In 2018, Talerman unsuccessfully argued at Special Town Meeting against a Citizen’s Petition Article to “affirm” the ZBA quorum as four members. The point of contention (again) related to the ZBA’s handling of Park Central. Following the successful passage of the Article, both Talerman and Cipriano were criticized for trying to torpedo the ratification of voters’ decision. In behind the scenes emails to the Attorney General’s office, the attorneys argued that the quorum change was illegal in light of laws allowing 3 members to decide a 40B case. The AG’s office ruled in agreement with the attorneys on that point.***
At the June 22nd meeting, selectmen discussed how to proceed related to ongoing litigation that Cipriano has been working on. Healey suggested they have MTC propose how to proceed at their July 13th meeting. (That didn’t make the agenda. So, perhaps it will be on a future one.) He noted that it may make sense for Cipriano to continue being involved in some matters.
They also discussed the possibility of expanding MTC’s role beyond General Town Counsel. Healey posited that the Town may no longer have need to keeping separate Labor Counsel and other special counsel. He suggested bringing MTC in to discuss the special services they could provide.
In the meantime, the board voted to extend the contract for current Labor Counsel (Timothy Norris) for an additional 90 days past the June 30th expiration.
Cipriano’s history with Southborough
It’s worth noting that Cipriano’s long role in Southborough government far predates his appointment as Town Counsel in 2001. According to his resume, over a decade prior he served as special counsel on zoning for a year. More significantly, before he worked for Southborough selectman, he was one. His resume lists his tenure as 1981-1987.
*Cipriano’s application did include a backup attorney (James B. Lampke) and some special attorneys for specific areas of law. However, he is the sole proprietor of his own law firm, and would have continued to mainly operate as such.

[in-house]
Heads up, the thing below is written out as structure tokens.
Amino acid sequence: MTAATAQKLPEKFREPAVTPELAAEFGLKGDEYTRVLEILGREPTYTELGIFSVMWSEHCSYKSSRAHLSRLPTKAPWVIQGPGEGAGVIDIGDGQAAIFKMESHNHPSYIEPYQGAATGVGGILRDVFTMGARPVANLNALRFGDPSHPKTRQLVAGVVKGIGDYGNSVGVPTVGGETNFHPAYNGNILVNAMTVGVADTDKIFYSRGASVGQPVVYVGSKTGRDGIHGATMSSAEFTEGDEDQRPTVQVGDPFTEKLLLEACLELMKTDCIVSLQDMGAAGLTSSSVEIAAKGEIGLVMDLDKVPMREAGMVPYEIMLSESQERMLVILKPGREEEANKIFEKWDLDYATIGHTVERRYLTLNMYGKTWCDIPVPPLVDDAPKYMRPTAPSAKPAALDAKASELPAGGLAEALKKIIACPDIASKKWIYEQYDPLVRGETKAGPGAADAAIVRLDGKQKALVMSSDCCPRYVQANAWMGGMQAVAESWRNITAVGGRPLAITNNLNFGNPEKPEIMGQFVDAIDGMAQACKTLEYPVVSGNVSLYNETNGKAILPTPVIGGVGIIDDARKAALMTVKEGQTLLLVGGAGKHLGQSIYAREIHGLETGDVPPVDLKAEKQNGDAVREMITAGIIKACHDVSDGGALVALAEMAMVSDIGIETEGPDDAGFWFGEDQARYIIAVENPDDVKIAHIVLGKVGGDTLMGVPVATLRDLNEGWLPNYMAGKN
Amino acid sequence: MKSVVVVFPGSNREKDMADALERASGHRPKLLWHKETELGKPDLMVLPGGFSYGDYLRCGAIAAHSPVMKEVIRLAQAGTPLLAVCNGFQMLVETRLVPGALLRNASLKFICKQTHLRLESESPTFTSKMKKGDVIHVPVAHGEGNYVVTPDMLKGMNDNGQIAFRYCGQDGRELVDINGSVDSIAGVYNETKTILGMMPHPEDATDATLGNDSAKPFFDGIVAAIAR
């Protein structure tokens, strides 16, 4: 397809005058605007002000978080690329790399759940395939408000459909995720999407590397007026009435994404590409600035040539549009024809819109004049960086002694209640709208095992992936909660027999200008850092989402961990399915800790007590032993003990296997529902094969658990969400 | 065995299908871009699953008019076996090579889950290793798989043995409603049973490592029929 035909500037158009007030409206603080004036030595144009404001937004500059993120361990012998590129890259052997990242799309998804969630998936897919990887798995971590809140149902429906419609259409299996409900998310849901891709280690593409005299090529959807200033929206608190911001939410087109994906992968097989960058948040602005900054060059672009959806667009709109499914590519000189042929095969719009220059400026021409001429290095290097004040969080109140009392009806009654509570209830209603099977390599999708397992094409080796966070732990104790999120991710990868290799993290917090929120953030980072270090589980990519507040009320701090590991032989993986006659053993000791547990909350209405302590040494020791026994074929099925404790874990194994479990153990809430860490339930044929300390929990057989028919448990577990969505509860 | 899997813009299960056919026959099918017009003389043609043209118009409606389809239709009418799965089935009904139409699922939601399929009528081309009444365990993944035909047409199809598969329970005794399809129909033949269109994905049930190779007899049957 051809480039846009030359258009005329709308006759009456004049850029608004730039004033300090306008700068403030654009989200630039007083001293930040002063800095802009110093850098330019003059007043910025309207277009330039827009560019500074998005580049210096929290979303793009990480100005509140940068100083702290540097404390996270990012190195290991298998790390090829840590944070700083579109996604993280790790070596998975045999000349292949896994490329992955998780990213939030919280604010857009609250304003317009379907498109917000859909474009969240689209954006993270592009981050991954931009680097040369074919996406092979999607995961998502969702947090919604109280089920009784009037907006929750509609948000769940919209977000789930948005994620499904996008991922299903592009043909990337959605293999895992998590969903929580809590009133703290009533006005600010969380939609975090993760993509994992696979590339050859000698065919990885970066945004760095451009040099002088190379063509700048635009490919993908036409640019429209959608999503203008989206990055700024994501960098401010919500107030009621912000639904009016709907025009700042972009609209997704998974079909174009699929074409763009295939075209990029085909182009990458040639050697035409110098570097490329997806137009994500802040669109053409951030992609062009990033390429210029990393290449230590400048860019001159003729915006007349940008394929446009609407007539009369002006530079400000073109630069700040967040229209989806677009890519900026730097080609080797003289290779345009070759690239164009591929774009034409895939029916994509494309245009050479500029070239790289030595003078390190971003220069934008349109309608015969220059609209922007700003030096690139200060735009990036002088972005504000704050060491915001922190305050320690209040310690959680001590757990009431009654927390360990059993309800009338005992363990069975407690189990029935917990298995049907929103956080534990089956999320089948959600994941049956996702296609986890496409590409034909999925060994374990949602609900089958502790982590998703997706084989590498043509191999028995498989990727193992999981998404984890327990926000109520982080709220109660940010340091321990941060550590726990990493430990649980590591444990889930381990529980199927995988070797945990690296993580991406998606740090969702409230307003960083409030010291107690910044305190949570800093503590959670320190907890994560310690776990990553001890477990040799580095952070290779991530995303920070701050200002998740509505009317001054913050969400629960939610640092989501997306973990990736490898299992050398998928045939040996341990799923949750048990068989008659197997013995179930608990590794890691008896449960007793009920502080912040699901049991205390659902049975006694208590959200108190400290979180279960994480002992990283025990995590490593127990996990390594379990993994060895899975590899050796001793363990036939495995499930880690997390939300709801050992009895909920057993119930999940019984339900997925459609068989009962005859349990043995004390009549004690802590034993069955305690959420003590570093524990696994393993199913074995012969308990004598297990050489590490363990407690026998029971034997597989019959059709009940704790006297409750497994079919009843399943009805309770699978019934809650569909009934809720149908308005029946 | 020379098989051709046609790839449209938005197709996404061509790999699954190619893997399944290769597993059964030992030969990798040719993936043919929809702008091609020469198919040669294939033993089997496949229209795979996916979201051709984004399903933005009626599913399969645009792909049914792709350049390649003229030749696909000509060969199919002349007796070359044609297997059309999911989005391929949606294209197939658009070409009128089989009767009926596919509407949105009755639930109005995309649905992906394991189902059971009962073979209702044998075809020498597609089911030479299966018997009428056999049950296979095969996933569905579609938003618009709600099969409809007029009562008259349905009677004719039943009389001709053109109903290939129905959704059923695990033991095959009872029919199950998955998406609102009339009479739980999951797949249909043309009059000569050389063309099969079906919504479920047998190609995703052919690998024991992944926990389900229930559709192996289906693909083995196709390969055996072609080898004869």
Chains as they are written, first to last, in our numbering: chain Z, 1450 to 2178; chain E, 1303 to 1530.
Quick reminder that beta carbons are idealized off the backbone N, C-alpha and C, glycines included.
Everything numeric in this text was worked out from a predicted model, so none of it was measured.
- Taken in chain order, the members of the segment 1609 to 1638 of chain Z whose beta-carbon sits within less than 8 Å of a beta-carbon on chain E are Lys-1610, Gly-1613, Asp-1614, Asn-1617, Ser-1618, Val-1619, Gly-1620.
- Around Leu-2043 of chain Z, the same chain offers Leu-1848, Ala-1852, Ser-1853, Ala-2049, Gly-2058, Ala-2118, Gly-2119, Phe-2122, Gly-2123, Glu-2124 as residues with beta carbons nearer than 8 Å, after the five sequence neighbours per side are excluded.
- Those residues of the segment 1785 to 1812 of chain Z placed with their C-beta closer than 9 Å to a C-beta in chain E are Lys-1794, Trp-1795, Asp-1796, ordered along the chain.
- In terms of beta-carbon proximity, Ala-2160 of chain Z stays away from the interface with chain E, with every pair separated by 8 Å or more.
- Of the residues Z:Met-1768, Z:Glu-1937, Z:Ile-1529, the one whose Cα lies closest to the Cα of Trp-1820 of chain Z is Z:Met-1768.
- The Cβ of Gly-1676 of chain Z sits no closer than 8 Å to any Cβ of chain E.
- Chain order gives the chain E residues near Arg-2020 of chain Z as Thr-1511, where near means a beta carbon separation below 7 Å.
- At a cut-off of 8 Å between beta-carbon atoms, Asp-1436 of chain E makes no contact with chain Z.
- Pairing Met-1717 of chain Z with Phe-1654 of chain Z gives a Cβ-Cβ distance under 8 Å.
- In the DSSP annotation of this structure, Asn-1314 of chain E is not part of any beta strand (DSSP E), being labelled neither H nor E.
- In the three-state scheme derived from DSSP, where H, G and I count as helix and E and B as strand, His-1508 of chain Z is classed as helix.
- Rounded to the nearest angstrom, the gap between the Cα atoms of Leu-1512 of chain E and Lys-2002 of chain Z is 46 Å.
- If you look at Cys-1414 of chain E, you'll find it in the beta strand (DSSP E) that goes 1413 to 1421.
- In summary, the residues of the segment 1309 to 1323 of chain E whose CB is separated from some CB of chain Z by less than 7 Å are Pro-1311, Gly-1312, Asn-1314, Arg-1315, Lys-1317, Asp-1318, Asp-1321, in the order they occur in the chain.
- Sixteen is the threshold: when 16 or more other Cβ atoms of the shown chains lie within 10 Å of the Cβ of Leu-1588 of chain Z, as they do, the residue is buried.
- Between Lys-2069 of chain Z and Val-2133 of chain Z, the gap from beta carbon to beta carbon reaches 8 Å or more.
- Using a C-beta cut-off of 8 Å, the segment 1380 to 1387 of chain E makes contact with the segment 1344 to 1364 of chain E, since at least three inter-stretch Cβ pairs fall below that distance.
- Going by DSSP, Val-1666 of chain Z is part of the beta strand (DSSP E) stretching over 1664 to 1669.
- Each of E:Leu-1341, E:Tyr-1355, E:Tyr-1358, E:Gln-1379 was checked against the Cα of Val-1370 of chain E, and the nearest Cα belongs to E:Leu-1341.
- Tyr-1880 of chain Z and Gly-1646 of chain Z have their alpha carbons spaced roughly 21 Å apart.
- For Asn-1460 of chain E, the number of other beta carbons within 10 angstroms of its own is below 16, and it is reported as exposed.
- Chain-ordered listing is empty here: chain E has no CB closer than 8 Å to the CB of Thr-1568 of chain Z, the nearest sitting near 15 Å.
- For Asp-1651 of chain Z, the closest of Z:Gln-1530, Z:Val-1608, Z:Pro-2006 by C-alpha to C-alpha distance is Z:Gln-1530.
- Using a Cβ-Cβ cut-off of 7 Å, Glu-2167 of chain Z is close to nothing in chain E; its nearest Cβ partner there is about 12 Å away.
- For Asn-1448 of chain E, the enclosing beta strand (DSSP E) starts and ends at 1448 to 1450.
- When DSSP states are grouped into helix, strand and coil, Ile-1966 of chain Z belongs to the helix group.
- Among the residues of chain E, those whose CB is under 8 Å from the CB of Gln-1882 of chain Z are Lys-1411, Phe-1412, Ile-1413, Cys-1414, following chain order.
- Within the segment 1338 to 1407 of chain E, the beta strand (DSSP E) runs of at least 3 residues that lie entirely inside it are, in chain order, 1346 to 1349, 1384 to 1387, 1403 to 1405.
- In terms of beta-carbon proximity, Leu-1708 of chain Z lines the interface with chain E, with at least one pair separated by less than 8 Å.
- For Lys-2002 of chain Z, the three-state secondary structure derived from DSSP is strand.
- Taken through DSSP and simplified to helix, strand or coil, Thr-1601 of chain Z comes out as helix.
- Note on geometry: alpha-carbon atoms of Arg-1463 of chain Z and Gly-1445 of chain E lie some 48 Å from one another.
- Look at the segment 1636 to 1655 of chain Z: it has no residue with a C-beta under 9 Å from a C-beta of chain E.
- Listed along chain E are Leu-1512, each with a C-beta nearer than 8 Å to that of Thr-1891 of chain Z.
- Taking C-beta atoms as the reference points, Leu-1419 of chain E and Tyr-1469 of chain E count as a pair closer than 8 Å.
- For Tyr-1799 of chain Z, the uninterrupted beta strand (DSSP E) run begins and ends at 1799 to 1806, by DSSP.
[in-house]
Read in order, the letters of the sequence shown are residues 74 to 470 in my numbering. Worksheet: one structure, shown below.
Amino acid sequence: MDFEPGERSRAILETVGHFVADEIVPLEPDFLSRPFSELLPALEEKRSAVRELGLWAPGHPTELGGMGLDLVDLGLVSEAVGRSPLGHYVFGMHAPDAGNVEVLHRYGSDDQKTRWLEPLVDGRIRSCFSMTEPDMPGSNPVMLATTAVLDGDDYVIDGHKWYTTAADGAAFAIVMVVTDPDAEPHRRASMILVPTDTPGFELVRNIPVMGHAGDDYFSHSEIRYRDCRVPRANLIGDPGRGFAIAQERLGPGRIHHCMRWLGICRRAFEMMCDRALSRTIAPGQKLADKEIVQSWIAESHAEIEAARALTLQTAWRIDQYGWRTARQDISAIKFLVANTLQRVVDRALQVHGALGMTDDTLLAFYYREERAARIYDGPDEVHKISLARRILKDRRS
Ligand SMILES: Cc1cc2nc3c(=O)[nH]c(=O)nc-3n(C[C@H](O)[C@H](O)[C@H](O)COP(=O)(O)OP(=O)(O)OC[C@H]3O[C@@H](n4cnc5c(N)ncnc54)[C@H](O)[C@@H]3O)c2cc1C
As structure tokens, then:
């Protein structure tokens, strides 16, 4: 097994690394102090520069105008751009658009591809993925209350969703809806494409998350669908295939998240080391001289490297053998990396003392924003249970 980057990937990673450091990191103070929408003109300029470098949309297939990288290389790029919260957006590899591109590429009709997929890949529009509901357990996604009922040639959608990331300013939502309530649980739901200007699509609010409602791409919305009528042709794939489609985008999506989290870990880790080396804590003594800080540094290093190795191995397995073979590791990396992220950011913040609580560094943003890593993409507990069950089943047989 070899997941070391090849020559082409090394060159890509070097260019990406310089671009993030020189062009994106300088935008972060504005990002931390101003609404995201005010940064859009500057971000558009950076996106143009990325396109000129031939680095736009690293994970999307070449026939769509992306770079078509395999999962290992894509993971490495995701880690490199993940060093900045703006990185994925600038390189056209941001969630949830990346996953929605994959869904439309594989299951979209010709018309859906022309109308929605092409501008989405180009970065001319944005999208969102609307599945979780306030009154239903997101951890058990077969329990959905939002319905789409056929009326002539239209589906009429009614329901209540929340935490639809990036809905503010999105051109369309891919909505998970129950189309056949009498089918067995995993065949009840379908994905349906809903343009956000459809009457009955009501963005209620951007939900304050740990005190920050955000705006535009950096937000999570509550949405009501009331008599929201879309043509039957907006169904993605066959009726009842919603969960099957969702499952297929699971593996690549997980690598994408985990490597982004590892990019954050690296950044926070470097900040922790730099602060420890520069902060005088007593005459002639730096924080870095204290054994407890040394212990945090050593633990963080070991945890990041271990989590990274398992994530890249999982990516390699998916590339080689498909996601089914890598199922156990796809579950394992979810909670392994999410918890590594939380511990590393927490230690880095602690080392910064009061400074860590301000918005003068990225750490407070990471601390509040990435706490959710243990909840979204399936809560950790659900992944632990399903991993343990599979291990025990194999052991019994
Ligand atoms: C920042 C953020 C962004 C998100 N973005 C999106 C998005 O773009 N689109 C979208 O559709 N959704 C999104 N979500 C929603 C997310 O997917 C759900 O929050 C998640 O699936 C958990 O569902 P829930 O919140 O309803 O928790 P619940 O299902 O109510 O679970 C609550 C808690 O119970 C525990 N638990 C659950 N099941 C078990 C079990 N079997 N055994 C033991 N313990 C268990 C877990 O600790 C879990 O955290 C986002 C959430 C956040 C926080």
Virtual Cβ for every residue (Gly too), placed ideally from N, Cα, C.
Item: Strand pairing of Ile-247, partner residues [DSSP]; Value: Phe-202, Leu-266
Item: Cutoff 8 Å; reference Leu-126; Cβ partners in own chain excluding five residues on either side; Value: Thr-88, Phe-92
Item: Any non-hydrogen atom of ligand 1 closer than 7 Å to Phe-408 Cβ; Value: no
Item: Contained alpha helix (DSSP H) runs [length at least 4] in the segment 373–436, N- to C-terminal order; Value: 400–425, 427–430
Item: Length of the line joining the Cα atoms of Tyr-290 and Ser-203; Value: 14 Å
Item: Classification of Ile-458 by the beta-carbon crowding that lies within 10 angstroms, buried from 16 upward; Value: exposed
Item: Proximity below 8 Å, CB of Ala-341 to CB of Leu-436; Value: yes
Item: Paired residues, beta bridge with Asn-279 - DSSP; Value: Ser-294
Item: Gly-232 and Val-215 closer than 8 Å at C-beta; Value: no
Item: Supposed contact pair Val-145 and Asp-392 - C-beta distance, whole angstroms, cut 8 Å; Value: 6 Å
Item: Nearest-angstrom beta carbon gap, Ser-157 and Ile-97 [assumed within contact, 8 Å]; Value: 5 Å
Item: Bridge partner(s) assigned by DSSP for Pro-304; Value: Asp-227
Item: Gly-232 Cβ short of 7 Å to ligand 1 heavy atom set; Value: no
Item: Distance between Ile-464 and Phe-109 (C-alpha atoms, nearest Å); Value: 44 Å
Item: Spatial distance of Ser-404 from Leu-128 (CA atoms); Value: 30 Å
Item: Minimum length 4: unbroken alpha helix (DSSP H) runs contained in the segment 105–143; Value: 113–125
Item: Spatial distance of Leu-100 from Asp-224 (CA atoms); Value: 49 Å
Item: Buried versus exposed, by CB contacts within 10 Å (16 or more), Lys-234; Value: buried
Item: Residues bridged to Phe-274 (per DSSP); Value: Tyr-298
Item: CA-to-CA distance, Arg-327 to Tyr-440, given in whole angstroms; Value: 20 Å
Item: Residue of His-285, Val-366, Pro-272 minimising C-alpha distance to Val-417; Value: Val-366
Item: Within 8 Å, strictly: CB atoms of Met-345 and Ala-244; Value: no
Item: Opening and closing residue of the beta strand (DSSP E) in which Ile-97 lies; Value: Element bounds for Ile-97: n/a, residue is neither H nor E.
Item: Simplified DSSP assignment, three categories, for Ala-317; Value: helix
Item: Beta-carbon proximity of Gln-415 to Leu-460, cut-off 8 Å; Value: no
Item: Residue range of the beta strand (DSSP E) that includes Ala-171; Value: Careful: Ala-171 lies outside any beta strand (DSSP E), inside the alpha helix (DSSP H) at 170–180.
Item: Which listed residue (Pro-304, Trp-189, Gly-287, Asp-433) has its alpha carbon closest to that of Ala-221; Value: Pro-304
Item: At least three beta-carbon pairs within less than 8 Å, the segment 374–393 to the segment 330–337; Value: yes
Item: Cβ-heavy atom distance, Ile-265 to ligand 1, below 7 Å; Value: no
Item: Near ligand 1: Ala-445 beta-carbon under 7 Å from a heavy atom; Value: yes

**The MTC flat fee proposal selected by selectmen states it “shall include”:
- substantially all general municipal legal work performed by the firm’s partners, associates and/or attorneys-of-counsel and related services performed by the firm’s support staff.
- all representation and legal opinions for general and land use matters as well as preparation for and attendance at Annual and/or Special Town Meetings, as necessary, and three (3) board hearings or meetings per month
- defense and prosecution of all customary land-use litigation, mediation and arbitration relating to zoning, planning, board of health, conservation, and licensing, as well as enforcement of zoning and general by-laws.
- all services relating to review of municipal contracts and procurement issues.
- includes representation of the Town on all significant licensing matters handled by the Board of Selectmen, including liquor licensing.
- includes one monthly set of “office hours” at Town Hall, as may be directed by the Town, as well as two (2) training seminars per year.
- The firm’s internal costs, such as telephone services, utilities and clerical assistance . . . standard mailing fees or routine copying
For the full proposal, click here.
***Prior to Town Meeting’s vote, resident John Butler told residents not to worry if the Article might be illegal as Talerman argued. He pointed out that if it was, the Attorney General’s office would strike the language.